Today I got to see first-hand for myself what a typical taxi driver is like. I could finally see why they needed to take two lanes, why they road hog, and why they are so darn reckless. My taxi uncle was the driver equivalent of Buddha. His shiny forehead, hands which held to the steering wheel like a dainty handkerchief, ever-smiling face and laid back seating position all were tell-tale signs. I was going to experience some twisted sort of taxi nirvana. Finally, all the mysteries of taxi drivers solved.

Actually, I only solved it partially. I did find out why they take two lanes. That’s because they want to ‘stake their claim’ in two territories – the option of going forward, as well as the option to filter to the slower lane just to show that they’re considering it. It is no simplistic coincidence that they are right in the middle, purposely indecisive. They want to have everything and lose nothing – a typical Singaporean trait.

So why do they road hog? For the uncle in his retro sunglasses (therefore impeding his good vision to filter left), humble Hyundai (reduced high speed stability) and with 93.3 FM playing, 90km/h is plenty fast for him. He does not see the need for others to go any faster than that, or the hassle to change lanes for others. In other words, he’s just plain selfish, just like any human being. They are just less road aware and more self gratifying. Their satisfaction is all that matters to them. They fail to realise that the road is a public thoroughfare, not a private one.

The other mystery is the on-and-off throttle inputs, which make many a passenger dislodge their innards before the end of the journey. This I attribute to a fuel-saving measure in a bit to depress as little throttle as possible – much like running a tap on drips rather than as a flow. It doesn’t work though, I think, and taxes the automatic gearbox.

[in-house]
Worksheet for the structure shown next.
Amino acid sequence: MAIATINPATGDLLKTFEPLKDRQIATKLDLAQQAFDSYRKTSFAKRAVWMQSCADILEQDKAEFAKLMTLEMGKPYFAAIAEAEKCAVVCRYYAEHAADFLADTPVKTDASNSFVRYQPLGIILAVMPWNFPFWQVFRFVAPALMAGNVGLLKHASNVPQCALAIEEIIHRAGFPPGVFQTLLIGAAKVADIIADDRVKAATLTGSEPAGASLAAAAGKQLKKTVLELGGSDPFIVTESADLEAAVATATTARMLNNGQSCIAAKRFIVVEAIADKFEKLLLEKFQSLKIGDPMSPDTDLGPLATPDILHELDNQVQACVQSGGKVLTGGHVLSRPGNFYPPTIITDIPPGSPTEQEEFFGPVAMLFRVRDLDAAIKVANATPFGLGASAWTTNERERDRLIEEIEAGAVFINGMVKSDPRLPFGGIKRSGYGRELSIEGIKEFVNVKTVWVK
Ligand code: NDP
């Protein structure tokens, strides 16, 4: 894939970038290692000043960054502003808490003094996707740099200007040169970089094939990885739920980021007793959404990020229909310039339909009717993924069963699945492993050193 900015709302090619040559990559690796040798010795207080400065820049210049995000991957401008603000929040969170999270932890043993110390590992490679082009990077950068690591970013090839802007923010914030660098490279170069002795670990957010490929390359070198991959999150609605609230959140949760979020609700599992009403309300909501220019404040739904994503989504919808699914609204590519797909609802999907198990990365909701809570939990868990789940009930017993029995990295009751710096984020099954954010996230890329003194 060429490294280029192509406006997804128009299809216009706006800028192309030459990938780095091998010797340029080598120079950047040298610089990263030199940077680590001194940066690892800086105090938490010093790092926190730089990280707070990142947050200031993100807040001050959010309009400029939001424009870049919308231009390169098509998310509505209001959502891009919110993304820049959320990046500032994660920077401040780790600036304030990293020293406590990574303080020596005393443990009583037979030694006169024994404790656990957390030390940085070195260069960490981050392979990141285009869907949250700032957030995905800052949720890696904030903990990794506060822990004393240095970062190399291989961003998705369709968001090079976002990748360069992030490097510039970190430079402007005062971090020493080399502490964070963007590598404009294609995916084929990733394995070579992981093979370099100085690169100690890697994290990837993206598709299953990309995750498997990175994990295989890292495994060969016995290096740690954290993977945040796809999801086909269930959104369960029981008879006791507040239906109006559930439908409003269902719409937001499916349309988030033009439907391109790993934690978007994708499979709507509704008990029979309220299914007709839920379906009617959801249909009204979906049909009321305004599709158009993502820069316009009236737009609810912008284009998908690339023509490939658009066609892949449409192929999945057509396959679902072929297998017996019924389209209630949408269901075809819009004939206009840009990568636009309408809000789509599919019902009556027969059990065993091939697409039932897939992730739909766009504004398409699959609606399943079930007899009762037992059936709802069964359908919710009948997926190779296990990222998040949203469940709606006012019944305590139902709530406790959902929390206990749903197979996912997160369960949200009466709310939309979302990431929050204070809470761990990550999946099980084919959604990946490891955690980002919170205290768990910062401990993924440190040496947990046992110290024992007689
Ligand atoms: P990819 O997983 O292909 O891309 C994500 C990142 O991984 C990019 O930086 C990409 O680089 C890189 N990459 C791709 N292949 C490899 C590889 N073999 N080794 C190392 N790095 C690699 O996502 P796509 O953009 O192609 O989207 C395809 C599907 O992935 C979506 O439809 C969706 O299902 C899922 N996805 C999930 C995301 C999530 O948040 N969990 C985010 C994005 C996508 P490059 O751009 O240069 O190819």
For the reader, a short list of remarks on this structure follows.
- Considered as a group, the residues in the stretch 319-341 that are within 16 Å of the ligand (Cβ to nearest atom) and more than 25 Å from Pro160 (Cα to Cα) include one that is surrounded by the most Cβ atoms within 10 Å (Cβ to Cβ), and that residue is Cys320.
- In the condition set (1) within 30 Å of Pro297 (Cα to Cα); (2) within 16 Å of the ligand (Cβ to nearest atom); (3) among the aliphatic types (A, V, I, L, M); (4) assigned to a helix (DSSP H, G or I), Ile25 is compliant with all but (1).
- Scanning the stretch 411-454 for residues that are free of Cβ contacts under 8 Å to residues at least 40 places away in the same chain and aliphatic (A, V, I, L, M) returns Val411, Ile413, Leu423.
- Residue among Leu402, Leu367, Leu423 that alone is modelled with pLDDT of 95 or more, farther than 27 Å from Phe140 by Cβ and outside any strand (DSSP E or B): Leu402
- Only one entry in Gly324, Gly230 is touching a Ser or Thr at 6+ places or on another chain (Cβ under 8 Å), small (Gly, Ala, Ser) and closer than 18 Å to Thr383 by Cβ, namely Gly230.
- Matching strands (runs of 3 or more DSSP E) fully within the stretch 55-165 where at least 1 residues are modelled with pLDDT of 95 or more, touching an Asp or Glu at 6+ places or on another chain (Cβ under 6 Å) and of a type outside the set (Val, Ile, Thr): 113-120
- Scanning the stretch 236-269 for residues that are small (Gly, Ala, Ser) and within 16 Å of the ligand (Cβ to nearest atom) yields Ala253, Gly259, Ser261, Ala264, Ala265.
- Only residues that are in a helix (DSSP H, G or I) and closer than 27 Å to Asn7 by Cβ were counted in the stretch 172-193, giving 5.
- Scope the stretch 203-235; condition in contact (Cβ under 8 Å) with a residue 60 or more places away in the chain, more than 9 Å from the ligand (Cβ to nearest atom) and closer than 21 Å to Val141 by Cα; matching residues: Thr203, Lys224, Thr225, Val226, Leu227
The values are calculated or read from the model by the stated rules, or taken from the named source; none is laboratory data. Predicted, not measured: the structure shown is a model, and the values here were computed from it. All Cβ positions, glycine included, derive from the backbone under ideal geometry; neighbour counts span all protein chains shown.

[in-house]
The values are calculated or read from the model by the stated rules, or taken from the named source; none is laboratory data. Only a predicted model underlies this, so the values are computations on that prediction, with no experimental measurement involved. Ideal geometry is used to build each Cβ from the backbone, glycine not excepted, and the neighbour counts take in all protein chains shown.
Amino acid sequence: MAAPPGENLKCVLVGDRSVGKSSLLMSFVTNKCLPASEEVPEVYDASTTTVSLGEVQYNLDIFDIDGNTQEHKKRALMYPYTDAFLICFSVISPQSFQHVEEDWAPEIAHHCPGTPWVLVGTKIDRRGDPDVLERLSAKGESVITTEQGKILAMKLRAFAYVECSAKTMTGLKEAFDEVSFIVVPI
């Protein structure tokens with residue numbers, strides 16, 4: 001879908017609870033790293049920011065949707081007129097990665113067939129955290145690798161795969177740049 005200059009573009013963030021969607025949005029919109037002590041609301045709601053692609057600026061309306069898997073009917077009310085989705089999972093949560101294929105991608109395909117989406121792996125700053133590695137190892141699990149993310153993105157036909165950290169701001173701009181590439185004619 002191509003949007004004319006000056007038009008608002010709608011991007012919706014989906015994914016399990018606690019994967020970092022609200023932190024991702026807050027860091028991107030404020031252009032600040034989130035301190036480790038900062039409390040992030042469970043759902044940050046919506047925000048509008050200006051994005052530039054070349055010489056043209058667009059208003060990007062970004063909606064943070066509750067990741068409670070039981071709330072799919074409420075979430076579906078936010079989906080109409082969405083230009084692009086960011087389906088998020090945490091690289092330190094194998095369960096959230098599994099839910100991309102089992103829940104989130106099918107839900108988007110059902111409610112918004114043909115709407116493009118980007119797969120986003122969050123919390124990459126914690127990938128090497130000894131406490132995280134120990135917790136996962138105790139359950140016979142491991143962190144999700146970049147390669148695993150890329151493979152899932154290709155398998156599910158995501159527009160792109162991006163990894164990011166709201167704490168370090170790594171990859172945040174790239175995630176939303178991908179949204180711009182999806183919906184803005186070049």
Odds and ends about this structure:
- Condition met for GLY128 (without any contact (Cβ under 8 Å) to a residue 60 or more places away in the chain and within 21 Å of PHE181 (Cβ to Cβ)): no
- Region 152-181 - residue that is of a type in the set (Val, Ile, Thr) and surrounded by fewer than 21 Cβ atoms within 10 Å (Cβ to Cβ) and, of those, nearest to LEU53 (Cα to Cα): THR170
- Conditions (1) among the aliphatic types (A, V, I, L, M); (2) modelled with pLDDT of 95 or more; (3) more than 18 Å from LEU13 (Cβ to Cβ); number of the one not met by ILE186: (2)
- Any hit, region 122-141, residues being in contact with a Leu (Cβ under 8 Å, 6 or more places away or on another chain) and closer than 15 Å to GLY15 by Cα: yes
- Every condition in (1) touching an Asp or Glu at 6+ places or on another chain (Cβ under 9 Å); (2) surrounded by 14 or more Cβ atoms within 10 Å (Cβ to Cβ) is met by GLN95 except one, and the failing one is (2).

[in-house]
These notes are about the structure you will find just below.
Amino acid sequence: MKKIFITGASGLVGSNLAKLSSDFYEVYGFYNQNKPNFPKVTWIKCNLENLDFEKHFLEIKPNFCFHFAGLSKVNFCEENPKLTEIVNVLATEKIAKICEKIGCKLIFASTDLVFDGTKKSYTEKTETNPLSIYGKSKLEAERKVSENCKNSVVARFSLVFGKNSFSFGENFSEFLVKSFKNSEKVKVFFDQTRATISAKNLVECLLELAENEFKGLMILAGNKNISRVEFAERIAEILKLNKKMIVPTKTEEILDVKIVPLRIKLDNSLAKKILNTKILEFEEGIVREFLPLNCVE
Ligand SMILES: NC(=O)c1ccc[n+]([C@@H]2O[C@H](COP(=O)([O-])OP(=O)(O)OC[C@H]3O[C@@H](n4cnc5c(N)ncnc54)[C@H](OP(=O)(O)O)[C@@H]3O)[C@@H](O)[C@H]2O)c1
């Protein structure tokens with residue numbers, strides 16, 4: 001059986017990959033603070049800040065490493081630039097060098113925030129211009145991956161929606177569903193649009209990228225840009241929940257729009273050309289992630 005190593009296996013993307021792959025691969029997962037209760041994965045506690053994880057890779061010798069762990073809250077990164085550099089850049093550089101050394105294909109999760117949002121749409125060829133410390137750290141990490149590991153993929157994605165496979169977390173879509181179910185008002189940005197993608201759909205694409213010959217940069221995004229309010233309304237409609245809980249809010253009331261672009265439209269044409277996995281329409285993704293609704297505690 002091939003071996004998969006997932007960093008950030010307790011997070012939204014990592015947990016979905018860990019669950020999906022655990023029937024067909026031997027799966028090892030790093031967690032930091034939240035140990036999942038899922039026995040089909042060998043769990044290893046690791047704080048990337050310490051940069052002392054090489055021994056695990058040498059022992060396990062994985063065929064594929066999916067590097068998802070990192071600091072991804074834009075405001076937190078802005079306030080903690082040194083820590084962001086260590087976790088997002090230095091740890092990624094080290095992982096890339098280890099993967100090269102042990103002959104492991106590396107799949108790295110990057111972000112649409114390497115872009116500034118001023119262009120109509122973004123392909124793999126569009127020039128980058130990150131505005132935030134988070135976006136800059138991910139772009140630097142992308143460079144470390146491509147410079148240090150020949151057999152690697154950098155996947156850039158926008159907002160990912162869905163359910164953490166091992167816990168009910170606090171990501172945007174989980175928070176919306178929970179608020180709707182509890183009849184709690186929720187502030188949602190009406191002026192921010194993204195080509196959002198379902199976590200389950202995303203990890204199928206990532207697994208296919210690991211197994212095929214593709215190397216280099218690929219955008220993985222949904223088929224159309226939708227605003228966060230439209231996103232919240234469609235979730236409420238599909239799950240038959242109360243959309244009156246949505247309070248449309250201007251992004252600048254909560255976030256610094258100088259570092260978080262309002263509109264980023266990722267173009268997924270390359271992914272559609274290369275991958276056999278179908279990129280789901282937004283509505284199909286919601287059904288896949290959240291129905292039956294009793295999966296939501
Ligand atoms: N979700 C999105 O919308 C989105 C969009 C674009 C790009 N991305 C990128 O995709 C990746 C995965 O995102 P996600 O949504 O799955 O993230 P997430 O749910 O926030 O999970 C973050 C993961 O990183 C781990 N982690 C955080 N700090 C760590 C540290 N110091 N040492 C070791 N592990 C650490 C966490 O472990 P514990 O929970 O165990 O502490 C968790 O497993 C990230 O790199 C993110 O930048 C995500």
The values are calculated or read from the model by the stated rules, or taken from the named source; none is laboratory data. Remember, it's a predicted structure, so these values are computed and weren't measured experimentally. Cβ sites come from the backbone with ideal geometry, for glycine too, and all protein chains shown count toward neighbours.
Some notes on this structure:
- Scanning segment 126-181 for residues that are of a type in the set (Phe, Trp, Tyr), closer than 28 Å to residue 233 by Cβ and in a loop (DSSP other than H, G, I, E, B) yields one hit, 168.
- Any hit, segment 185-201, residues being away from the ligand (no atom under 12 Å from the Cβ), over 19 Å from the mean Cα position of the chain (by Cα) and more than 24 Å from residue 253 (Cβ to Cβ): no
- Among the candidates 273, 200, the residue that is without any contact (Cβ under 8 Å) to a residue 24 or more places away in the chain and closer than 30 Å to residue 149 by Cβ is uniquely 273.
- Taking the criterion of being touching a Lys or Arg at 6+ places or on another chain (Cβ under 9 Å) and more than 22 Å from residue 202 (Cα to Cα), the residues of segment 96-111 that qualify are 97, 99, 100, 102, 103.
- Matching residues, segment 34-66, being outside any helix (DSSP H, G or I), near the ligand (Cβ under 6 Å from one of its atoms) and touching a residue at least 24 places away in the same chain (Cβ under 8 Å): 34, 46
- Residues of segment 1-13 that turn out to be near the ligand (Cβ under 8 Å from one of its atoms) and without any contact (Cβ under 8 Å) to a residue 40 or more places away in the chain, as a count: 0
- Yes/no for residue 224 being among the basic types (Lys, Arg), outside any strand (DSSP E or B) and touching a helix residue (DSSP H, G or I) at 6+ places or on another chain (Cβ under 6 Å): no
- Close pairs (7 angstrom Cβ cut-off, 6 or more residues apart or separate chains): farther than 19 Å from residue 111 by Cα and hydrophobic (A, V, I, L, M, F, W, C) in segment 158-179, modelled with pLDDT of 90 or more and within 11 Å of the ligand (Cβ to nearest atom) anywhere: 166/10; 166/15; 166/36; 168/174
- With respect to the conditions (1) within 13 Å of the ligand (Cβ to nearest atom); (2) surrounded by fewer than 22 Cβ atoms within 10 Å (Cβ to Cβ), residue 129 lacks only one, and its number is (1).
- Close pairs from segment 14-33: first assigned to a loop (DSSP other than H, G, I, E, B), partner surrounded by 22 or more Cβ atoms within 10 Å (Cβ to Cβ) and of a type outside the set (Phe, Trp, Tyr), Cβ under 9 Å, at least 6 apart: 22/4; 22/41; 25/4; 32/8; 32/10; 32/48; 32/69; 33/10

One new trait I noticed today is the dabbling of steering from left to right and back again. In a gentle swaying motion that does the car nor its passengers no good at all. This I cannot explain. This is just plain stupid. Just like putting the automatic transmission to neutral at the lights. Or braking in a series of jerks to preserve the brake pads. All stupid.

Like I said, bad habits become ingrained characteristics that don’t shed easily. Next time you see a taxi driver doing any of the above, do your nation a favour and educate them a little bit about motoring. It really helps, of course, if you ride in one to see one in action.


Goodbye old memories



Today I drove through the new Marina Coastal Expressway (MCE), which reminded me very much of the freeways in the United States due to its massive lane count and big signs. I’ll have to hand it to the engineers; it feels like a very well-planned and built road and I have no complains about its smoothness or safety.

What I’m not so sanguine about is the downgrading of one of the most beautiful expressways in Singapore, the Benjamin Sheares part of the East Coast Parkway (ECP). Although it will still be around as a normal trunk road, it seems inevitable that the bridge would be, in the long term, be torn down to make way for more useful land in the CBD.

It was always quite a sight to climb the bridge from either the east or west,  but with the new Marina Bay Sands (MBS) structure the best view has to be the descent from the top of the flyover coming from the east. You get a stunning view of the city skyline, which looks especially beautiful at night time. I have always felt we never quite matched up to Hong Kong in terms of urban lighting and drama, but in the last 5 years we have did a very good job of creating a unique night setting. It was also a great test bed for cars, with some bumps that can throw out cars with poorly-tuned suspension setups and an incline that will necessitate a downshift (or two or three for slower cars). Sure, the speed camera just before the Ford Road exit was a nuisance, but that just made the climb up from the east that bit more exciting with a gradual increase in speed up slope.

This evening I entered the soulless MCE and just went through a lot of underground tunnels. Somehow it just doesn’t feel as good anymore, and the commute actually feels longer with no view to soak in. I’ll be missing the drive across the bridge, which is now shrouded in darkness. If they will tear it down I’ll need a couple of drives across it with some photos before it goes!